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Scammon Bay, Wainwright to play for 1A girls crown

  • Author: Beth Bragg
  • Updated: September 28, 2016
  • Published March 18, 2016

For the first time in history, the Scammon Bay girls basketball team will play in the state championship game, and the team's coach says the Eagles are where they are because they never stop running.

Clearly the coach wasn't paying attention Friday night.

Three times during Scammon Bay's 68-50 triumph over Buckland in the semifinals of the Class 1A tournament at the Alaska Airlines Center, Kiah Charlie stopped to tie a shoelace. And those three moments were about the only time the Sissauni weren't being swarmed by all five Scammon Bay players.

The Eagles pressed Buckland the entire game, a style that resulted in 13 steals for the Eagles and 18 turnovers for the Sissauni.

Scammon Bay scored several times in transition, and when the Eagles weren't getting fast-break points, they were hitting from long-range — 12 of their 26 shots from 3-point range were good.

The win puts Scammon Bay in Saturday's 1:30 p.m. title game against defending state champion Wainwright. The Huskies beat Aniak 45-32 in Friday's other semifinal to earn a return trip to the championship game.?

Charlie, a 5-foot-5 junior, racked up 15 points, seven rebounds, seven assists and five steals to lead the Eagles.

She was especially hot in the second quarter, when she scored 11 points — including seven in a 10-0 run in the quarter's first two minutes. That made up for the first quarter, when she didn't score a point.

"Nerves," she said of her scoreless start. "'Cause it was such a big game. It was to see who is in the state championship."

Making it to the title game is a big thing for any school, but it seems particularly important for a small village like Scammon Bay.

"It means a lot," Charlie said, "because Scammon Bay is very small and (basketball is) everything."

"It's what kids do in the village," added head coach Herschel Sundown. "Aside from chores and subsistence, it's what they do. It becomes a way of life."

Sundown said the group playing for the state championship have been playing together since elementary school. The Eagles made it to state for the first time last year but lost their play-in game and didn't make it to the eight-team showcase tournament. They started this year with grander plans.

"We had a sit-down at the beginning of the year and we listed our goals, and the No. 1 goal was the state championship," Sundown said. "It all starts with believing, and our girls believe."

Their other preseason goals, he said, were "teamwork, more communication and defense," giving extra emphasis to the word defense.

"What we want to do is separate ourselves from everybody else," Sundown said. "We shake it up with continuous trapping and the press. Our kids press non-stop, from the first game of the season. Even as little kids I made them press.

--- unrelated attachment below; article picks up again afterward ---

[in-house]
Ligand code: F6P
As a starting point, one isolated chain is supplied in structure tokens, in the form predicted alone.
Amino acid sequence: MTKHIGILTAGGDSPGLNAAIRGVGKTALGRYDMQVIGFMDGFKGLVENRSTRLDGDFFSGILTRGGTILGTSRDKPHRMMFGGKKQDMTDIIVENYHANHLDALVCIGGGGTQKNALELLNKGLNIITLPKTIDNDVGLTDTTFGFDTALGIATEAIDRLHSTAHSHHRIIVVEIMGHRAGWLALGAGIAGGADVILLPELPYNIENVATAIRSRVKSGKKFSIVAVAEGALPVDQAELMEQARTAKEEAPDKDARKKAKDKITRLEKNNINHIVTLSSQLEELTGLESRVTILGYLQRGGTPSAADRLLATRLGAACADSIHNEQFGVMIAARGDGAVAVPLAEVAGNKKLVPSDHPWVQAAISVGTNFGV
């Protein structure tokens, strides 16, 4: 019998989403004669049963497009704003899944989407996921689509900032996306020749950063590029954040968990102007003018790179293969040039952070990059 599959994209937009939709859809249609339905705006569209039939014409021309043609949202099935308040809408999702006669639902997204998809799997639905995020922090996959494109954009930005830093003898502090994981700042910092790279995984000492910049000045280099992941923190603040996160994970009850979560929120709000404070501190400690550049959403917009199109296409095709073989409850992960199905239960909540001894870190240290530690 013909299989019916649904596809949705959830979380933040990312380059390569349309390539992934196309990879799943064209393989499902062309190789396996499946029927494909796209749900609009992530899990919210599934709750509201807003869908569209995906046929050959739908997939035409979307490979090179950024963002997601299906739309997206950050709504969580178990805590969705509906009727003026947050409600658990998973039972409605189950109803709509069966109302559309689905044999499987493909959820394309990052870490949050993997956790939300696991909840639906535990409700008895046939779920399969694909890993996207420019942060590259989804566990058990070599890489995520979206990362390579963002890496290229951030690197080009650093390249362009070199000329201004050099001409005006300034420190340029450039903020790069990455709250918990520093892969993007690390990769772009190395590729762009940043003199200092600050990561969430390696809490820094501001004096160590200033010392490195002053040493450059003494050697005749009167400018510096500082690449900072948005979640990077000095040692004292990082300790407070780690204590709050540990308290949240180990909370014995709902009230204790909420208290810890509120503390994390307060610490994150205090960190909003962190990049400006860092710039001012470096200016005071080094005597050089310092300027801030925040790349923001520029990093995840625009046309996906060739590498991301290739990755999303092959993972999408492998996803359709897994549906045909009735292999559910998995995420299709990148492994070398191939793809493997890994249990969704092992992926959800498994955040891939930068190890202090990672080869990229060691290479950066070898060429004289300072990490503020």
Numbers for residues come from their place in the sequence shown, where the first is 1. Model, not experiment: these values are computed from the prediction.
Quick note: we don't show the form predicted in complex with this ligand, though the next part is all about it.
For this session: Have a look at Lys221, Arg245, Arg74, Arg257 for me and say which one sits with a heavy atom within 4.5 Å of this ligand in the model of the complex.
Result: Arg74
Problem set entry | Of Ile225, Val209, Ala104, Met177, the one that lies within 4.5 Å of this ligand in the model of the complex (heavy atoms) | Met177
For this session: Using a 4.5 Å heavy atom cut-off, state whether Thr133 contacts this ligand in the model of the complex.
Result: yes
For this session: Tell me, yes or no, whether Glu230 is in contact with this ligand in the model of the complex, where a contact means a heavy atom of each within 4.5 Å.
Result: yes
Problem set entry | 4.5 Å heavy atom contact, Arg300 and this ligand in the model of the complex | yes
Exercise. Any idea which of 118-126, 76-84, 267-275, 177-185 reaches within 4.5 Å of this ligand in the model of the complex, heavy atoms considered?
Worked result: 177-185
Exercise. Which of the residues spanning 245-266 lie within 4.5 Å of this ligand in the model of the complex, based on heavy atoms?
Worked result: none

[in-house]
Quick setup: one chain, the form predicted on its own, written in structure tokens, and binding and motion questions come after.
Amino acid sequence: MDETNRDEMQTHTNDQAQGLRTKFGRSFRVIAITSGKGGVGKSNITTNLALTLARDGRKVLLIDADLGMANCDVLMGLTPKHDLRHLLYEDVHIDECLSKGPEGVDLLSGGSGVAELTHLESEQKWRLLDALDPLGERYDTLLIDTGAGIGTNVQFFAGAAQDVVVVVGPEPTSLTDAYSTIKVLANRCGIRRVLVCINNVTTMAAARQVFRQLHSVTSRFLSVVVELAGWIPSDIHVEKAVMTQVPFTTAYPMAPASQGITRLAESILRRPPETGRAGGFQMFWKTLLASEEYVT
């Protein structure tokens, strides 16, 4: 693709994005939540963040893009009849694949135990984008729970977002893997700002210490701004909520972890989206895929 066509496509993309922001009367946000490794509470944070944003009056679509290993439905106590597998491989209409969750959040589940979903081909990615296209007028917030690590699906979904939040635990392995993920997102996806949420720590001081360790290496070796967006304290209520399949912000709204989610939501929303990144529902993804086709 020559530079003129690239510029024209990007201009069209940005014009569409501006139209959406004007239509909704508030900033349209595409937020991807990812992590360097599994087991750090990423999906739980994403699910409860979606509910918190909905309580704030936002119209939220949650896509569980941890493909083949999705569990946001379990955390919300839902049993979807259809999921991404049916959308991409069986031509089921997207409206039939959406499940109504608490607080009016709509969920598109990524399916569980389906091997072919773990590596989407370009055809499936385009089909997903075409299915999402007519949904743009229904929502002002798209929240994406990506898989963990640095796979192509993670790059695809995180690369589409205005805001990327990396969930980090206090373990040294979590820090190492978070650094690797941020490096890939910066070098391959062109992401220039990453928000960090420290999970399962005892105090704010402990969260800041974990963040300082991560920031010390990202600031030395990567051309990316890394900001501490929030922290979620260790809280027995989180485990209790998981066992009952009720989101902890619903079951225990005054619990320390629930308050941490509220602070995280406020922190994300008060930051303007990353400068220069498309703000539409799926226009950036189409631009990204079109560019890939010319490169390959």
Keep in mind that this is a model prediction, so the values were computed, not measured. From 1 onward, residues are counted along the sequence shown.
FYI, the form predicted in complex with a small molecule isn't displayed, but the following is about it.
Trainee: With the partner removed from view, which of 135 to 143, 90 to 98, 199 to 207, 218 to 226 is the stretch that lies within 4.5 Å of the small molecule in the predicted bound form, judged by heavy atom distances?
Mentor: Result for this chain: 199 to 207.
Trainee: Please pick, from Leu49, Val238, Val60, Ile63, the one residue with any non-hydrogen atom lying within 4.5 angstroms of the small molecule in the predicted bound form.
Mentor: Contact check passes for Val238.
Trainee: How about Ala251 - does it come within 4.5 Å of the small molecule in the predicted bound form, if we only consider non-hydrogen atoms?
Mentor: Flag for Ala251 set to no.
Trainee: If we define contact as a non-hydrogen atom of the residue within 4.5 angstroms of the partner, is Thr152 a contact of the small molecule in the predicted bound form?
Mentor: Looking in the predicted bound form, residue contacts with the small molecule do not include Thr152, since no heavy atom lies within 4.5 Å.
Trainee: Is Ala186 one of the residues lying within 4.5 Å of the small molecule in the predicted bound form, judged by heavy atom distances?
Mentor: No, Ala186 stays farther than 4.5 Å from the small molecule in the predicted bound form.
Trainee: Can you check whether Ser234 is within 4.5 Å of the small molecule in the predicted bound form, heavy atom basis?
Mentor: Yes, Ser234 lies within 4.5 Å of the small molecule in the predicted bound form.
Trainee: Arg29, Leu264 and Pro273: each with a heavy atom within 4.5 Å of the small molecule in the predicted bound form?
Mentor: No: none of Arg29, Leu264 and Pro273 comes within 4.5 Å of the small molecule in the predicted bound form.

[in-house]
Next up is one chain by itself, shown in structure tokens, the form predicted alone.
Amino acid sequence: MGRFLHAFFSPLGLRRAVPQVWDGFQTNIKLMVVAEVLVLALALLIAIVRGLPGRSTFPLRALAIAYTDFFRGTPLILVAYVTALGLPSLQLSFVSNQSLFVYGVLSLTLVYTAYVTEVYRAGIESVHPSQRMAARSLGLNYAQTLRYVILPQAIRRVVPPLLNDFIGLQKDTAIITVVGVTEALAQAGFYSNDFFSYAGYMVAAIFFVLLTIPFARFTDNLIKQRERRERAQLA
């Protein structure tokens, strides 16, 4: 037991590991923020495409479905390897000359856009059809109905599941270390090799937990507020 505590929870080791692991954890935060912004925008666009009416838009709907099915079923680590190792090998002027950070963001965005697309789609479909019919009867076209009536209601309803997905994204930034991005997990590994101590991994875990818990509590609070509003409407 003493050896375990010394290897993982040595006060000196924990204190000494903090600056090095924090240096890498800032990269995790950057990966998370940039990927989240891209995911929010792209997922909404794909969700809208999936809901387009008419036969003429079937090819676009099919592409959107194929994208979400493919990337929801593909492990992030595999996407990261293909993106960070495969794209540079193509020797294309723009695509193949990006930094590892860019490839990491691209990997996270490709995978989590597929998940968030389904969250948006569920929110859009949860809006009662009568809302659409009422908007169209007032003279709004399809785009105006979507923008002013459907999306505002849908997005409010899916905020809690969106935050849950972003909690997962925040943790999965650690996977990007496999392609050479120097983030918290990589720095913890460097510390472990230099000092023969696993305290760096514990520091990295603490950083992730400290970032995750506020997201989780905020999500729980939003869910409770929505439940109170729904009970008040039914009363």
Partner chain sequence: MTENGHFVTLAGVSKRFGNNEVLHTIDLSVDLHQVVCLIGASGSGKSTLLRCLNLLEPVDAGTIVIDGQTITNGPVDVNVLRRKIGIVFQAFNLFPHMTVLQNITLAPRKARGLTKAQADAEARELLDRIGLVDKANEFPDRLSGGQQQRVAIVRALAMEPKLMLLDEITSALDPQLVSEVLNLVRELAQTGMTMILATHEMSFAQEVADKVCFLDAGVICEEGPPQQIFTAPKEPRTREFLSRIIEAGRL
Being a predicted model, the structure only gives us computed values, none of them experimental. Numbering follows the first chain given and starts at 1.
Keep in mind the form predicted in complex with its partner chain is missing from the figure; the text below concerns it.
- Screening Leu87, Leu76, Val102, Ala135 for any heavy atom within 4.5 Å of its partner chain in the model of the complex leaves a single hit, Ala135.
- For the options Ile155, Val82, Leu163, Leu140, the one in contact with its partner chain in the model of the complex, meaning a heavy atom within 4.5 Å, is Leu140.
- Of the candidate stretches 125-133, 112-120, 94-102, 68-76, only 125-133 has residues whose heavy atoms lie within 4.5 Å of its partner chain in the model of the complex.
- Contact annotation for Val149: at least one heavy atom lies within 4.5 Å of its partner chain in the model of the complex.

"They never stop running."

Six Scammon Bay players registered steals and four scored in double figures. Megan Simon matched Charlie with 15 point, and Kendra Charlie and Almira Kaganak each tossed in 10 points.

Kylah Melton's 16 points and Sarah Washington's 10 points and eight rebounds led Buckland.

Down 50-37 after three quarters, Melton scored five quick points to bring Buckland within eight points early in the fourth quarter, 50-42. But Scammon Bay responded with a 10-0 run that took 3:30 off the clock and gave the Eagles a 60-42 lead. The Eagles never trailed by single digits after that.

Wainwright 45, Aniak 32

Kai Nashookpuk finished what she started Friday night.

Nashookpuk scored the first point of Wainwright's victory when she sank a free throw before the game even started — Aniak was called for a technical because of a uniform violation.

Then, with time running out in the fourth quarter, Nashookpuk canned a 3-pointer to complete an 8-0 run by the Huskies.

In between, the senior piled up 16 more points to finish with a game-high 20 to help put her team back in the championship game.

"She's a natural-born leader," Wainwright coach Edna Ahmaogak said. She's also a natural-born player — her sister JoJo helped Wainwright to the 2009 state title, and now Kai has a chance to win another championship for the family.

The low-scoring game heated up at the end, as did the Halfbreeds. Aniak trailed 9-4 after the first quarter, 22-10 at the half and 32-19 after the third quarter, and it was down by 15 early in the fourth quarter.

The Halfbreeds scored the next 10 points, and halfway through the quarter it was suddenly a five-point game, 37-32. That's when Ahmaogak had a little talk with her players.

"I reminded the girls to stay positive, to stay focused," she said. "They know the basics of defense, and they know if they can be consistent with that and consistent with the offense, things should fall into place."

Which they did. The Huskies didn't give up another point while scoring eight straight points, six by Nashookpuk.

Nashookpuk tallied a double-double with 11 rebounds and dished four assists. Molly Nayakik provided 14 points, four assists, four rebounds and three steals, Jenysa Ahmaogak added six points and six rebounds and Mattie Panik grabbed 11 rebounds and four steals.

Aniak got a double-double from Kayla Morgan — 15 points, 15 rebounds — and Tierra Wolf furnished 10 points and eight rebounds.

Wainwright will be playing for their fourth state title and their third in eight years. But Ahmaogak said the Huskies will treat Saturday's game like it's their first shot at a championship.

"Every year is a new team," she said. "Because Wainwright has had a strong girls team for many years, the expectations are always there, but each year the girls have to work hard. I don't take anything for granted."

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